KYIV (Reuters) - Ukrainians were urged on Monday to swap old light bulbs for free energy-efficient LED bulbs under a scheme intended to ease an energy shortfall caused by Russian attacks.
Launching a programme backed by the European Union and aimed at replacing 50 million light bulbs, Economy Minister Yulia Svyrydenko said all adults would be able to exchange five incandescent light bulbs for five LED bulbs at post offices.
The goal is in the next few months to reduce by a quarter the energy deficit caused by Russian missile and drone strikes on power infrastructure that have frequently left millions of Ukrainians without light, water or heating.
"Ukraine is fighting on military, economic and energy fronts," Svyrydenko told a news briefing. "It is an important step to reduce pressure on Ukraine's energy system."
One LED bulb uses eight times less electricity than the older bulbs, she said.
Energy savings are vital to help Ukrainians get through the first winter since Russia invaded their country.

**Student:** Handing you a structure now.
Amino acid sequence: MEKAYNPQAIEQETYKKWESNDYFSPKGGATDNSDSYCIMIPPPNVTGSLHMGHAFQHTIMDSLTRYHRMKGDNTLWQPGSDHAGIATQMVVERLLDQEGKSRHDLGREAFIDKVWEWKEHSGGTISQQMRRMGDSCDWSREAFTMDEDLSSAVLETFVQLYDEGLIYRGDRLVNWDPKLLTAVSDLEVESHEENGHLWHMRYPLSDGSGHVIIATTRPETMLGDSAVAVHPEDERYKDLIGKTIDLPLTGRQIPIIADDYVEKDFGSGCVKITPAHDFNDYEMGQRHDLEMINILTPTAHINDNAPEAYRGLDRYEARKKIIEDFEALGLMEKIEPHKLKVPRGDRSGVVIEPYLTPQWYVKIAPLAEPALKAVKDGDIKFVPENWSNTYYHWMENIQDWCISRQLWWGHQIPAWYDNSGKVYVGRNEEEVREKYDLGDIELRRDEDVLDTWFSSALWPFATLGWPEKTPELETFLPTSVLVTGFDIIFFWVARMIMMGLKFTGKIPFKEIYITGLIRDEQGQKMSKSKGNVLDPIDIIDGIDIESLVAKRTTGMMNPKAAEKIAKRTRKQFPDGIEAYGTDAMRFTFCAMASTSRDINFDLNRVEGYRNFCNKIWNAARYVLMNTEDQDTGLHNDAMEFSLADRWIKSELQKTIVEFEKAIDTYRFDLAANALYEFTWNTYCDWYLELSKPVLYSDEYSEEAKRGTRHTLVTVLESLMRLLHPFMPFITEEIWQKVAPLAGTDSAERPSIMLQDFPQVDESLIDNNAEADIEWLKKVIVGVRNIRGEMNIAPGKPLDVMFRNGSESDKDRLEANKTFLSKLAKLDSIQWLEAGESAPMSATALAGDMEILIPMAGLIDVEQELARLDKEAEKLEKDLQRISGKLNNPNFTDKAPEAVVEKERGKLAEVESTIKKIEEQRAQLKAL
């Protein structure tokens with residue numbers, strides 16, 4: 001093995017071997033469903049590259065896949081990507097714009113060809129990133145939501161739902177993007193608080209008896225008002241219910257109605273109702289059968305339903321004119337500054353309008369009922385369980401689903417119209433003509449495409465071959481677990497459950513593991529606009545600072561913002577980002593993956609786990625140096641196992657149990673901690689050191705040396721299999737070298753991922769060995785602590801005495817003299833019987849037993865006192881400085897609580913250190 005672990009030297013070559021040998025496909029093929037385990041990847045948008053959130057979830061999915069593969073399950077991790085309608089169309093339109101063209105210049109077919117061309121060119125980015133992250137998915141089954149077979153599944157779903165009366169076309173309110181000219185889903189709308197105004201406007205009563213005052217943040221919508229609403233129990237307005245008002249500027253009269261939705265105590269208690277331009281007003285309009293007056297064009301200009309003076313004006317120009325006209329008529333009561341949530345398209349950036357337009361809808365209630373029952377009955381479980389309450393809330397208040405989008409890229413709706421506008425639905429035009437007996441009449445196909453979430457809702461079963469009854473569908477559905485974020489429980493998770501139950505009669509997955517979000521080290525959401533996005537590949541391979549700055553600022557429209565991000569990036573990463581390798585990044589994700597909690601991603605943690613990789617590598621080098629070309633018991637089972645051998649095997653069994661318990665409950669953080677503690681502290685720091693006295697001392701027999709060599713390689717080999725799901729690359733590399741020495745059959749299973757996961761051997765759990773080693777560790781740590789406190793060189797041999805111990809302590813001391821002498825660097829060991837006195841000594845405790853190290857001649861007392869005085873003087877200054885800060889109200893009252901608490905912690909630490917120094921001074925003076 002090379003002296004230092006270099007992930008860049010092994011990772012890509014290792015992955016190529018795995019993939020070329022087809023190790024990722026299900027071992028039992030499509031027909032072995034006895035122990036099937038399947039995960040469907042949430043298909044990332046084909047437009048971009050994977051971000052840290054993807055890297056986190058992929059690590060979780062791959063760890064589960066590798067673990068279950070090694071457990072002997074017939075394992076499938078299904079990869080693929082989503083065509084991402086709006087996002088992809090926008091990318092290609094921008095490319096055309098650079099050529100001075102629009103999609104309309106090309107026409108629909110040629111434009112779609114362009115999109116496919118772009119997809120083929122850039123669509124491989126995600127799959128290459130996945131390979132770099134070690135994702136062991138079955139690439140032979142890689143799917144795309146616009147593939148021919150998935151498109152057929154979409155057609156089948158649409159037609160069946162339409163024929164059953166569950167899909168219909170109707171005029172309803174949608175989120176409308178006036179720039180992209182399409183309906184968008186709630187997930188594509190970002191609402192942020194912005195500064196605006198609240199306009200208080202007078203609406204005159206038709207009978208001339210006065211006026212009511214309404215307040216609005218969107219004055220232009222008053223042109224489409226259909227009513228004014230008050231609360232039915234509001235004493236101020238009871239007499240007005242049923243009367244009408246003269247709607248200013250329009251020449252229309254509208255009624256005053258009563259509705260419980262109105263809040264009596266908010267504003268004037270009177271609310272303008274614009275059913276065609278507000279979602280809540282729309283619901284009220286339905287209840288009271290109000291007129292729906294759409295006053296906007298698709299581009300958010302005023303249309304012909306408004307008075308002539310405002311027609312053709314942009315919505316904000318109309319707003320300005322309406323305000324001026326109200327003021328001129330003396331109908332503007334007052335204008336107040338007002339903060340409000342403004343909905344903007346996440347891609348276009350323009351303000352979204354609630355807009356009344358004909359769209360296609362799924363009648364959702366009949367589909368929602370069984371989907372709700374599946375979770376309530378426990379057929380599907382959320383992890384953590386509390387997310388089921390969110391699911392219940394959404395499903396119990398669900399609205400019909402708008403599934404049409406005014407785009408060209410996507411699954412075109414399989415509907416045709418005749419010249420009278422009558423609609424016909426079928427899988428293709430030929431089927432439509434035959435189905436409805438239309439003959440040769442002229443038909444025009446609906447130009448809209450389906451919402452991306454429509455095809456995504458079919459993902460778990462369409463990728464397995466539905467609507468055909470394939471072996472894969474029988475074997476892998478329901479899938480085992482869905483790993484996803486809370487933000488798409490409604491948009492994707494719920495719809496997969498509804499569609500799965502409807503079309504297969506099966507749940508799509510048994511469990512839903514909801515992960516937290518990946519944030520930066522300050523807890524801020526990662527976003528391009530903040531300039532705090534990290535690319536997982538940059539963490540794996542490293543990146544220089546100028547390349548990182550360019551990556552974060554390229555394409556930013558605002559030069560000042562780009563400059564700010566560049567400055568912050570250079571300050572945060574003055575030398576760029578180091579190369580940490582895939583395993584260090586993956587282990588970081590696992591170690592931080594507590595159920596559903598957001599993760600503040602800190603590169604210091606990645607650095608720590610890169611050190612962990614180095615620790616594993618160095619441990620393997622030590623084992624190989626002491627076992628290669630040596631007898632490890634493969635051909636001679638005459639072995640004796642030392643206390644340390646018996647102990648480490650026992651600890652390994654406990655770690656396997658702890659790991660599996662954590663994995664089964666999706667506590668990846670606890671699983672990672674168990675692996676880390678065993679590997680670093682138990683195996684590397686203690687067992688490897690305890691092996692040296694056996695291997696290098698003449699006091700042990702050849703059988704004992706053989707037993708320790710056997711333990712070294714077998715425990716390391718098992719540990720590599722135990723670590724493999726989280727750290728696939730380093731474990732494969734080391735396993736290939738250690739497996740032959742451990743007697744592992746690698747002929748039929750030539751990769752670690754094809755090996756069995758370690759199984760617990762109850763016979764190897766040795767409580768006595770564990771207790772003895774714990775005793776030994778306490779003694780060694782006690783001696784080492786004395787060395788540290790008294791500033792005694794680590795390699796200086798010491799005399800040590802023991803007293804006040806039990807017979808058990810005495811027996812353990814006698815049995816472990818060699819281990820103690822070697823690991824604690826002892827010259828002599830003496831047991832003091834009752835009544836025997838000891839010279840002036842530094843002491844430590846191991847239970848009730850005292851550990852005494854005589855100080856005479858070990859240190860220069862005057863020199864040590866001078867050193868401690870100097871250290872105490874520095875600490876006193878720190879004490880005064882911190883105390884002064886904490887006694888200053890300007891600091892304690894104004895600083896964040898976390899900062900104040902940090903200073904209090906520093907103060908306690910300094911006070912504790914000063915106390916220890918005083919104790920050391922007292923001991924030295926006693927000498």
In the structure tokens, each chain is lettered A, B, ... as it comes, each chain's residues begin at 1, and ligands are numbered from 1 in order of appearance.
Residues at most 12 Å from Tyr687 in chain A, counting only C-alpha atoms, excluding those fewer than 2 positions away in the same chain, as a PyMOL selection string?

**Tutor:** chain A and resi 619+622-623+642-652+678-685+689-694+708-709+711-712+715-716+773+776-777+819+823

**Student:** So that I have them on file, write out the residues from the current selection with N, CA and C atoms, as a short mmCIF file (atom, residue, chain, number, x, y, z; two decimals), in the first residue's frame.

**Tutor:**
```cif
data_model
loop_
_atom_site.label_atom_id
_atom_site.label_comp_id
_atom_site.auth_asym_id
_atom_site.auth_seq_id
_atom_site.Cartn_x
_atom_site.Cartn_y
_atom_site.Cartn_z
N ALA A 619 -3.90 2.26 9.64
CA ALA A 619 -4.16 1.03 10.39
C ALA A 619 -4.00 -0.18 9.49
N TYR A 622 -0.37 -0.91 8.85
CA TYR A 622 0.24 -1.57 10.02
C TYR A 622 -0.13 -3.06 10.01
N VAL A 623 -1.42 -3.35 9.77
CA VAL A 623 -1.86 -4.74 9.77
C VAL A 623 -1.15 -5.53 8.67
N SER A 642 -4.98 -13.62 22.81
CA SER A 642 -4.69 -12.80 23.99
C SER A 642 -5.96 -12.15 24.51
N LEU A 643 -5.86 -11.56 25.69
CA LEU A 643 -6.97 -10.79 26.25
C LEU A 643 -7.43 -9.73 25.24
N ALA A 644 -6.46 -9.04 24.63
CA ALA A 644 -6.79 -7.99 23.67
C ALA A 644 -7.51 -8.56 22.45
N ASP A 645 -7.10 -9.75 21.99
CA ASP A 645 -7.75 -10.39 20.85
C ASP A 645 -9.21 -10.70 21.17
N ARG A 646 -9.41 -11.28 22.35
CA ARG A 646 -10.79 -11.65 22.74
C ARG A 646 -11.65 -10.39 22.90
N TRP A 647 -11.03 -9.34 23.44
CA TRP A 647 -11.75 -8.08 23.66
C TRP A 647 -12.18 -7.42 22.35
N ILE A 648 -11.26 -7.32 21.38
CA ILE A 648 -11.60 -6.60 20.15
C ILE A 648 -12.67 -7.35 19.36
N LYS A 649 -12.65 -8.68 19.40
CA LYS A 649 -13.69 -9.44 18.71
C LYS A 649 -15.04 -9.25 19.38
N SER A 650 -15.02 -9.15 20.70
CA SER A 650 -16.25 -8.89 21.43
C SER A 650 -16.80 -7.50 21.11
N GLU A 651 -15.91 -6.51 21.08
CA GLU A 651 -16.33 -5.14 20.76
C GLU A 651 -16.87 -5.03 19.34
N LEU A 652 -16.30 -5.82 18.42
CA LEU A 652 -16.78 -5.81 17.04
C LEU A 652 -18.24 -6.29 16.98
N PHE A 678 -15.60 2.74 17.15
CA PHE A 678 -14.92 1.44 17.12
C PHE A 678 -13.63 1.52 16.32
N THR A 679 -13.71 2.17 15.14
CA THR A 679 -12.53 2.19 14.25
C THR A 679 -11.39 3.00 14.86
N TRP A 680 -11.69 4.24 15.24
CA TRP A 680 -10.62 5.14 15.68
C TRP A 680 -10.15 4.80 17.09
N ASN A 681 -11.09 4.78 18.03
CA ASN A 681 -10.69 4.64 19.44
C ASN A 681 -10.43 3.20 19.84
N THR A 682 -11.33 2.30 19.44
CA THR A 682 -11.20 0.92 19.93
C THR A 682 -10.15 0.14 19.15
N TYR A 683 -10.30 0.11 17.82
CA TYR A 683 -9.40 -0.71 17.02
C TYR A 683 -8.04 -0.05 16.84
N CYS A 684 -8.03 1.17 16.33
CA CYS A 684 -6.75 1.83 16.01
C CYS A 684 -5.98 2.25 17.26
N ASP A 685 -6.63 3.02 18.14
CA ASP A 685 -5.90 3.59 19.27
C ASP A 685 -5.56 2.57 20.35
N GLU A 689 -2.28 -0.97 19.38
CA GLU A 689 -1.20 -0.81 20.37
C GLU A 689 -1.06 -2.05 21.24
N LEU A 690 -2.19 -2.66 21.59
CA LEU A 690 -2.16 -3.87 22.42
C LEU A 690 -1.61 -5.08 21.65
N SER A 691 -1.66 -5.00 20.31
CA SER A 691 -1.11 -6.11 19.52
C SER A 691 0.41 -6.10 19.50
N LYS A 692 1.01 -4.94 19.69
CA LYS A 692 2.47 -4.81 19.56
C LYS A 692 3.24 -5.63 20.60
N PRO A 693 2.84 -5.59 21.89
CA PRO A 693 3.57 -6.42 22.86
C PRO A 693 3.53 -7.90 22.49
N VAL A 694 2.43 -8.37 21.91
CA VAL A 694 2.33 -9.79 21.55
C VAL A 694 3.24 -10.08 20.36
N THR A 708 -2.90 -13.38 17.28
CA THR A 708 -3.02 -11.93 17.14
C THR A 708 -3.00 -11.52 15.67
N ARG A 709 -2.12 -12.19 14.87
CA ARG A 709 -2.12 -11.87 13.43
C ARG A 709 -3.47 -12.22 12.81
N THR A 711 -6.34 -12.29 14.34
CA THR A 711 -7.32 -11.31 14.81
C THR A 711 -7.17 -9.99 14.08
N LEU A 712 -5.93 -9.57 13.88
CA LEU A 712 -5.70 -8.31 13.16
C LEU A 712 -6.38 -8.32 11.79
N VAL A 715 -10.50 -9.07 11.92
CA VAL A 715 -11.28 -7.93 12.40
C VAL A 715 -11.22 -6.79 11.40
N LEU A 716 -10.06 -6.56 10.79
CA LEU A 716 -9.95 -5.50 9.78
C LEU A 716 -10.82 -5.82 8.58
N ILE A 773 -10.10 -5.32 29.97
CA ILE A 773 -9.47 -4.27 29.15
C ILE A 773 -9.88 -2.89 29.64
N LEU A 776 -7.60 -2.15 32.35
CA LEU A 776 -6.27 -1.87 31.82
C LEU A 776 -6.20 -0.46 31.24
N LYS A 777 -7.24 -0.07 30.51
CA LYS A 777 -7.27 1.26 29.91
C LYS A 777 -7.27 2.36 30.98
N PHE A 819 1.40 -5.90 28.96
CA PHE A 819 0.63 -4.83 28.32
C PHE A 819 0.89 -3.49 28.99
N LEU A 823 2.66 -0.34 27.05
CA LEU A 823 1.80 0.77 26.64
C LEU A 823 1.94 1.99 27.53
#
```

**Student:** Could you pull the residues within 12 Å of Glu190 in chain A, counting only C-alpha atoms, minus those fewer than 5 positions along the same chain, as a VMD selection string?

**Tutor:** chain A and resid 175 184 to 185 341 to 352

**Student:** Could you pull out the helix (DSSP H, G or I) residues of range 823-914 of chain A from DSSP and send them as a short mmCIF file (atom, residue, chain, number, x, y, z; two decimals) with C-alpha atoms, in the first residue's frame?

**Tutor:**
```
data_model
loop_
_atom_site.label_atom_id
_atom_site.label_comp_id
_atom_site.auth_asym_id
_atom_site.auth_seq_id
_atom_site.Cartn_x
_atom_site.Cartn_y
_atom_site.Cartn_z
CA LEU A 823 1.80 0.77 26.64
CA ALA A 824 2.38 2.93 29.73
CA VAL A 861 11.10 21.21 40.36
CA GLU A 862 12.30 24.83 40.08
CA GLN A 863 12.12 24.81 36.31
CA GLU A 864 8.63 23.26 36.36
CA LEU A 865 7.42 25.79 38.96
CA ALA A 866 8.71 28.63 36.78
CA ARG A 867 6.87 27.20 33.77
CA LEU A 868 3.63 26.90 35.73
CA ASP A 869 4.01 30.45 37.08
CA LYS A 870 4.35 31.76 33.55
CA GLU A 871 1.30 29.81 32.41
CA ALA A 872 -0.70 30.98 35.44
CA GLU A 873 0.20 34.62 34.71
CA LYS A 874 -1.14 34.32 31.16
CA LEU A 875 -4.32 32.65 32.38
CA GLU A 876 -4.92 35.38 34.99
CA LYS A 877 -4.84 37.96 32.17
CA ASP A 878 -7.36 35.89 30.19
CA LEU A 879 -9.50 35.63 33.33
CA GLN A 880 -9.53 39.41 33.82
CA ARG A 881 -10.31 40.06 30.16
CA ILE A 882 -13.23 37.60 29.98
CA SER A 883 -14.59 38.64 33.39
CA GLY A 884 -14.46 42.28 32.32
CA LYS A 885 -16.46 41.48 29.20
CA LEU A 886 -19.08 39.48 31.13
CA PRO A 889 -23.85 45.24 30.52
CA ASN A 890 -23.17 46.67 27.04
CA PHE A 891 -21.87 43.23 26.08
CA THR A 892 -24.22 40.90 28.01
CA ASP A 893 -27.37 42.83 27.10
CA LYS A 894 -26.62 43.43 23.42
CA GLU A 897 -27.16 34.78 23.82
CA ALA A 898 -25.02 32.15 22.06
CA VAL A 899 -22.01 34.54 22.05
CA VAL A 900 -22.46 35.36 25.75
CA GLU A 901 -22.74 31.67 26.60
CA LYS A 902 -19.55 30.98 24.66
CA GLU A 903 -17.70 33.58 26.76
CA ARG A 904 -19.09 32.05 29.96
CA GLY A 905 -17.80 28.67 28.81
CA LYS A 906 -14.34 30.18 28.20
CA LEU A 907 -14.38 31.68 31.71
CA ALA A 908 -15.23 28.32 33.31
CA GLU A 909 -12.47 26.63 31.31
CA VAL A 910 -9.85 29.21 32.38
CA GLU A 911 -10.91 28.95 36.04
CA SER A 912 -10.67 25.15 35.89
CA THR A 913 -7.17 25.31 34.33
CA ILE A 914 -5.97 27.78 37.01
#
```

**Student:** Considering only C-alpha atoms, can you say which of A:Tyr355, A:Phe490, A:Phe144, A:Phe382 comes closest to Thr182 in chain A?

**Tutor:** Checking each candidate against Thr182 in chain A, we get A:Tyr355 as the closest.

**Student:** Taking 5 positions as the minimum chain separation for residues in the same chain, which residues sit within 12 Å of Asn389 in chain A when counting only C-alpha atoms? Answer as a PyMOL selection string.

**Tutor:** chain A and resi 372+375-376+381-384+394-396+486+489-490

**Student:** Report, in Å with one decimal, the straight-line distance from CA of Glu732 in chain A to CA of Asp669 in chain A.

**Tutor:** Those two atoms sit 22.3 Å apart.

Government officials have said that about 40% of the energy system has been damaged, and some Ukrainian power plants are in territory that has been occupied by Russian forces.
National grid operator Ukrenergo said on Monday the energy deficit was "significant", with consumption growing at the start of the working week and temperatures falling below zero. It enforced scheduled electricity shutdowns across the country.
Matti Maasikas, the EU Ambassador to Ukraine, said the 27-nation bloc would provide up 30 million LED light bulbs and France would provide another 5 million bulbs. Maasikas said the EU was also providing generators and other equipment.
(Reporting by Olena Harmash, Editing by Timothy Heritage)